October 23, 2013, by khyx2lyn

Three Minute Thesis (3MT®) – Spoken English Discrimination Training

Continuing from last week’s blog post on the Three Minute Thesis (3MT) competition, here is an entry from Christine Leong. The title of her talk was “Do You Hear This? Or Do You Hear That? : Spoken English Discrimination Training.”

What? Did you just say pet a pet? Or did you just say pat a pet?

In today’s world, there are many people who speak more than 1 language. However, there are several disadvantages of being a bilingual – having a poorer vocabulary library, native accent, poorer understanding of speech when the surrounding environment is noisy or even when one is chatting on the phone. Non-native speakers were also found to have difficulty in discriminating similar sounds that they were not trained to discriminate in their first language. For example, the similar English sound /e/ from pet, and sound /a/ from pat. If non-native speakers do not start off with the same baseline condition as other native speakers, how could they learn and use that particular language as fluent as other native speakers and further compete with them?

Previous studies have shown how training could improve non-native speakers’ underlying listening sensitivity, by exposing them to the target language sounds. My research work is to find out what kind of training can result in a significant long-term improvement in our underlying listening sensitivity to unfamiliar sounds.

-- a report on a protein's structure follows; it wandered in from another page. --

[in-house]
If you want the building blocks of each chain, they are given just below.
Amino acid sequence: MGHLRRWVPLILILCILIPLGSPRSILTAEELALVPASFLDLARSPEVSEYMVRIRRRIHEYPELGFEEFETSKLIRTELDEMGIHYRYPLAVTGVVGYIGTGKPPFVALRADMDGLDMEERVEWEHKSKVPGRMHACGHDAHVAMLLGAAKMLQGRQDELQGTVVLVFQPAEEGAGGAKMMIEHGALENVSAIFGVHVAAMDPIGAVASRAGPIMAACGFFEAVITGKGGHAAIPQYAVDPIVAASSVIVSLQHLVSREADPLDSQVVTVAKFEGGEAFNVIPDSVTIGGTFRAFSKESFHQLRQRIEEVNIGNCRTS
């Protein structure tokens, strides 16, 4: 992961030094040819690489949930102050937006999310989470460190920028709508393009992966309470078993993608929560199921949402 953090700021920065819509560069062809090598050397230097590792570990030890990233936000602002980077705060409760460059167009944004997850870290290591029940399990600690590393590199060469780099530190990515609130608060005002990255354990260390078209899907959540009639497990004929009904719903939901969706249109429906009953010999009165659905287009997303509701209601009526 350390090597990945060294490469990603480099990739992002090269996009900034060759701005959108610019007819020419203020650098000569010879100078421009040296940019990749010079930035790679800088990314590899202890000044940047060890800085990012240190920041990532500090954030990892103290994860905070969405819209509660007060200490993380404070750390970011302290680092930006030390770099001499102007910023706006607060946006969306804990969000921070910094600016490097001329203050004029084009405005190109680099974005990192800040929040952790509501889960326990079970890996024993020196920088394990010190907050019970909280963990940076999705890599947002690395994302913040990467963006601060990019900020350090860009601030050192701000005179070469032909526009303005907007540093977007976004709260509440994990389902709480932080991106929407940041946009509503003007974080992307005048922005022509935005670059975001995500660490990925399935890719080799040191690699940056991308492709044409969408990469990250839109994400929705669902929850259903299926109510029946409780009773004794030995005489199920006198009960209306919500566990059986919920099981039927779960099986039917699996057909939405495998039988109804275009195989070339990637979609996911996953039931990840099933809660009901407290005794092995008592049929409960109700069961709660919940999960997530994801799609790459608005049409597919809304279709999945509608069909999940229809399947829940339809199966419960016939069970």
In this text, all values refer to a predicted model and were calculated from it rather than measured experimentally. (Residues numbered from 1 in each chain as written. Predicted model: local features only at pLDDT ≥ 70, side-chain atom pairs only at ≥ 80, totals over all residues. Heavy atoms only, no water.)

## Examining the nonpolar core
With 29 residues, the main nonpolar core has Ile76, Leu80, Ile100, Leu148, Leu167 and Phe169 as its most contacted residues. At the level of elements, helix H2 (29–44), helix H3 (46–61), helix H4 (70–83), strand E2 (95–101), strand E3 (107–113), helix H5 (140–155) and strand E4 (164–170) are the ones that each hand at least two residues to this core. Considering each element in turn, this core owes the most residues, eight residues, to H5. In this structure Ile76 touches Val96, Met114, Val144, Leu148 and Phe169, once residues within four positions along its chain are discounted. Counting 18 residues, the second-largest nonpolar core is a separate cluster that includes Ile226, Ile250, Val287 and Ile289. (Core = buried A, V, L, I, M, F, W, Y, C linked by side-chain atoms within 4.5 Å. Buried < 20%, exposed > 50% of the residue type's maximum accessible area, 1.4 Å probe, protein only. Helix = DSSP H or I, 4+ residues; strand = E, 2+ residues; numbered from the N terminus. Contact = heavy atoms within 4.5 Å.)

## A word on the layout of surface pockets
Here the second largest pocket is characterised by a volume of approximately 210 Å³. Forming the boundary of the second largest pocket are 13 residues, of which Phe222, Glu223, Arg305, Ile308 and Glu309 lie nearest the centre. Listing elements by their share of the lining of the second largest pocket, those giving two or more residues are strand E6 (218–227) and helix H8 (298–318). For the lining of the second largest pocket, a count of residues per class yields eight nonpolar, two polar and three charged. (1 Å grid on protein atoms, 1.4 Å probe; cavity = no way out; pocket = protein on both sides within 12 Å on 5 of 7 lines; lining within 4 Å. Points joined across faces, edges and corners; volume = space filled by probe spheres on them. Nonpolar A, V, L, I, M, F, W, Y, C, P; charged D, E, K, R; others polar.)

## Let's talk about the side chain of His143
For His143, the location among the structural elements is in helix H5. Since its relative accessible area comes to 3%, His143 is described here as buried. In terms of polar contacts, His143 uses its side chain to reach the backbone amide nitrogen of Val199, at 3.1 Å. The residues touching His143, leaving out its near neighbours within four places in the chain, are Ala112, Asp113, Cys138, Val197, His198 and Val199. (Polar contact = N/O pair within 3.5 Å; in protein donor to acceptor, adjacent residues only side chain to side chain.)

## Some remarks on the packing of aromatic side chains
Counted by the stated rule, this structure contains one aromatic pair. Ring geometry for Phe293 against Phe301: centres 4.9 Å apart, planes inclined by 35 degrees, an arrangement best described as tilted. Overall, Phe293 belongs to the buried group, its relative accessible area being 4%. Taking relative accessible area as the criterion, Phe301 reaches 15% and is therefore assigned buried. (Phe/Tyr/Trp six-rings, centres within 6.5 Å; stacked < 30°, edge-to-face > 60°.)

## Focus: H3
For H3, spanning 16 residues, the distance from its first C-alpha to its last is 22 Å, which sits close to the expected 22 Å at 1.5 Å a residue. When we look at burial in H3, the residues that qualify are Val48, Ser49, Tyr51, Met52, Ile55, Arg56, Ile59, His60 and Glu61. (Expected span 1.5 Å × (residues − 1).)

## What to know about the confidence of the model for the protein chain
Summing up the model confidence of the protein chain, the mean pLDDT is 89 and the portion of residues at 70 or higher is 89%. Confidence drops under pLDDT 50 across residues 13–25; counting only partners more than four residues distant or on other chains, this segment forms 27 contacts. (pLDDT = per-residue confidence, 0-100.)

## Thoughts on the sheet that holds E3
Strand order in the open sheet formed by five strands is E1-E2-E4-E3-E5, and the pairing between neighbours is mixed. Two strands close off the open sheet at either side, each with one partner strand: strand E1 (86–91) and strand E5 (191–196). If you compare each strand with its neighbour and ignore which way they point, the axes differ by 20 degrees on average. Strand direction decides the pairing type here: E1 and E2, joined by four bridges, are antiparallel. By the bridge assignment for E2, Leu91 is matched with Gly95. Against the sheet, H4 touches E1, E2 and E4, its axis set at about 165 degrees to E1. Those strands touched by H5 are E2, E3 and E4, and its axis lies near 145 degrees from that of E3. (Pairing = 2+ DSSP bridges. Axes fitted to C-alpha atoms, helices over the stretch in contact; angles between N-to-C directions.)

Participants were to go through 3 days of training phase, where two spoken English words were played over a headphone. Then, participants were asked to distinguish the two words they just heard. Visual feedback was given on the computer screen to each response made. Each training session took about 15 minutes per day. The whole training was held against a babbling kind of background noise because non-native speakers usually have more trouble in perceiving speech when noise is present.

As for the results, most of the participants made 10%-20% less mistakes in discriminating similar English words after three days of 15 minutes training.  The training program is indeed effective, in terms of refining one’s ability to detect unnoticeable tiny sound difference in non-native language. This listening training program would be very useful in educational field. To apply this training program to other language learning, the training program could be further modified to incorporate sounds from other languages. It improves non-native speakers’ unfavourable disadvantage in perceiving non-native sounds and further allow them to adopt the proper pronunciation of the new languages. Now, you can casually sit back at home and spend as short as 15 minutes per day, to improve your listening proficiency!

Christine Leong,
(PhD Student, School of Psychology, UNMC)

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